It was the summer of 1969 or maybe 1970. I don’t remember the exact year, but I distinctly recall the experience.
I was part of a small group of North Carolina 4-H members touring the White House. We were on the grounds when suddenly, without announcement, President Nixon joined us.
Star struck, we 4-H’ers formed a loose circle around him as he welcomed us to the White House. I didn’t think about it then, but looking back, I am startled by the lack of security. I was only a few feet away from the Leader of the Free World, yet no one had checked my purse. I had not gone through any sort of metal detector that day to gain access to the White House.
It was a different time. I doubt any president strolls out of the White House today for an impromptu meeting with a bunch of teenagers holding unexamined purses or backpacks. After various terrorist attacks culminating in the trauma of 9/11, people wanting to tour the White House now must submit their names through their member of Congress and then go through a security check.
In light of the recent storming of the Capitol, I’m afraid the same security measures will be enacted there as well. Before pandemic restrictions, seeing the historic areas of the building was not difficult. An invitation on the website visitthecapitol.gov currently states: “The Capitol Visitor Center welcomes visitors from across the United States and around the world. Identification is not required to enter the Capitol or to enjoy a tour.”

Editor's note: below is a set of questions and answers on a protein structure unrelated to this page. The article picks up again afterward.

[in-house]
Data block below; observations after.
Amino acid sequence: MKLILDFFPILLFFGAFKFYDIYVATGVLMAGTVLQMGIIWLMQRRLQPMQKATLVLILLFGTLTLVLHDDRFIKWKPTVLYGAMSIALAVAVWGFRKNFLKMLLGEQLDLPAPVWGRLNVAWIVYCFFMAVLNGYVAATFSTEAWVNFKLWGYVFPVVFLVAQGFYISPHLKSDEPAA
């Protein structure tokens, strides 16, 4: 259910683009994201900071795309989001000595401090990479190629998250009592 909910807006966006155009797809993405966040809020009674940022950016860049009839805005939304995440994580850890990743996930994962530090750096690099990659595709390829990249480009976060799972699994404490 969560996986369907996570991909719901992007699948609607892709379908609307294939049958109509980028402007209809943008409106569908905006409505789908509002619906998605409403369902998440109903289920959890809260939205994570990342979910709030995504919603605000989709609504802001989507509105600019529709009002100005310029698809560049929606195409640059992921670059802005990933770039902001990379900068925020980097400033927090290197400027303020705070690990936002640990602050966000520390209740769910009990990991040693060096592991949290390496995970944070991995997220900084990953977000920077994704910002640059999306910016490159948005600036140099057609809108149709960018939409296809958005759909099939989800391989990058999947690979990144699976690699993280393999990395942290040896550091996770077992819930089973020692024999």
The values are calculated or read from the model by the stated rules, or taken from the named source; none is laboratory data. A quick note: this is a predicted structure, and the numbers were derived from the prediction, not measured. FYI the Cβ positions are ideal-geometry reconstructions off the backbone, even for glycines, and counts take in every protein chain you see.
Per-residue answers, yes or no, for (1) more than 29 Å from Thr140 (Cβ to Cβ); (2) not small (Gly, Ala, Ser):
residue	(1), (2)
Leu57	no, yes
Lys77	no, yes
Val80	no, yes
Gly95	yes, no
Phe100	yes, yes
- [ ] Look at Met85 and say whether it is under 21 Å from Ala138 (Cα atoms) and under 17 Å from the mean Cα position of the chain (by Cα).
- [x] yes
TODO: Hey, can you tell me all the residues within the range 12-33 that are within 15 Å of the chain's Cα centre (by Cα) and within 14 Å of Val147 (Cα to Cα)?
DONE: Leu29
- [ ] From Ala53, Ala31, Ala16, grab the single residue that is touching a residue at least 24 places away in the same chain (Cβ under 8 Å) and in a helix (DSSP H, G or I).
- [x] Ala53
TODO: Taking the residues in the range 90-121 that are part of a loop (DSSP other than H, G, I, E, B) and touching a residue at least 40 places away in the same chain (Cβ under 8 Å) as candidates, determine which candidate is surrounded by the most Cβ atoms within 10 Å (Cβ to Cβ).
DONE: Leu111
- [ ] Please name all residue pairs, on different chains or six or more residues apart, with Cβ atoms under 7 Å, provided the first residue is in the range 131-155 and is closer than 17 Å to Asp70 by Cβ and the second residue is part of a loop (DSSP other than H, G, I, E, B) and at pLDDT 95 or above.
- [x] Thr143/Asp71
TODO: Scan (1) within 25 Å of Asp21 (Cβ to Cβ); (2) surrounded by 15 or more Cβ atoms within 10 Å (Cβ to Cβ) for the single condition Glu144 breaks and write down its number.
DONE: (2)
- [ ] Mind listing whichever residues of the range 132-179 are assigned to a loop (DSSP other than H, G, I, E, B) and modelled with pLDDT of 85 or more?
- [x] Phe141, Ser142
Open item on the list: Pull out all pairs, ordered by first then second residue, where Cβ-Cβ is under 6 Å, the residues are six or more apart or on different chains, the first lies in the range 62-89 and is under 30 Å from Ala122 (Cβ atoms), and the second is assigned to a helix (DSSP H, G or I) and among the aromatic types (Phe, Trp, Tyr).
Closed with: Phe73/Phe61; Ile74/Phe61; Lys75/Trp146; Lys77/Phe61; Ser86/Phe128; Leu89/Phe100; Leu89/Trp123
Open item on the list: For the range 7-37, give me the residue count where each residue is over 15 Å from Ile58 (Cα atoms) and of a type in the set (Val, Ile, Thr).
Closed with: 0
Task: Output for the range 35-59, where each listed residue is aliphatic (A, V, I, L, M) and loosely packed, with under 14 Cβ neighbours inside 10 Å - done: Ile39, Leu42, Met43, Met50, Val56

That type of access will probably not last much longer given the protest, siege, riot — whatever you want to call it — we all witnessed on Jan. 6. Rational Americans know that a line was crossed that day when lawmakers were forced to flee the House chamber during the counting of the Electoral College vote. The destruction of public property and the loss of lives was jarring, to say the least.
It angers me when I have to pay for the political fanaticism of others. For example, terrorists have caused airlines to require all sorts of tests for law-abiding travelers to pass to get on a plane. Those wanting to fly must abide by the 3-1-1 liquids rule in a carry-on. Shoes and belts have to be removed at the security checkpoint, and then there’s the indignity of a body scan.
Because of the lawlessness of others, there are metal detectors at the entrances to schools and sporting events. This type of surveillance was unheard of a generation ago. But lines have been crossed; the unthinkable has happened. Students and teachers have died as a result of school shootings. The 1996 Summer Olympics in Atlanta and the 2013 Boston Marathon showed how easy it is to target an unsuspecting crowd.
When lines are crossed by a lawless minority, a more restrictive society seems to follow. Innocent, rule-following citizens inevitably see more of their freedoms curtailed. It’s somewhat ironic that those who cause this loss of freedom often say they’re fighting for liberty.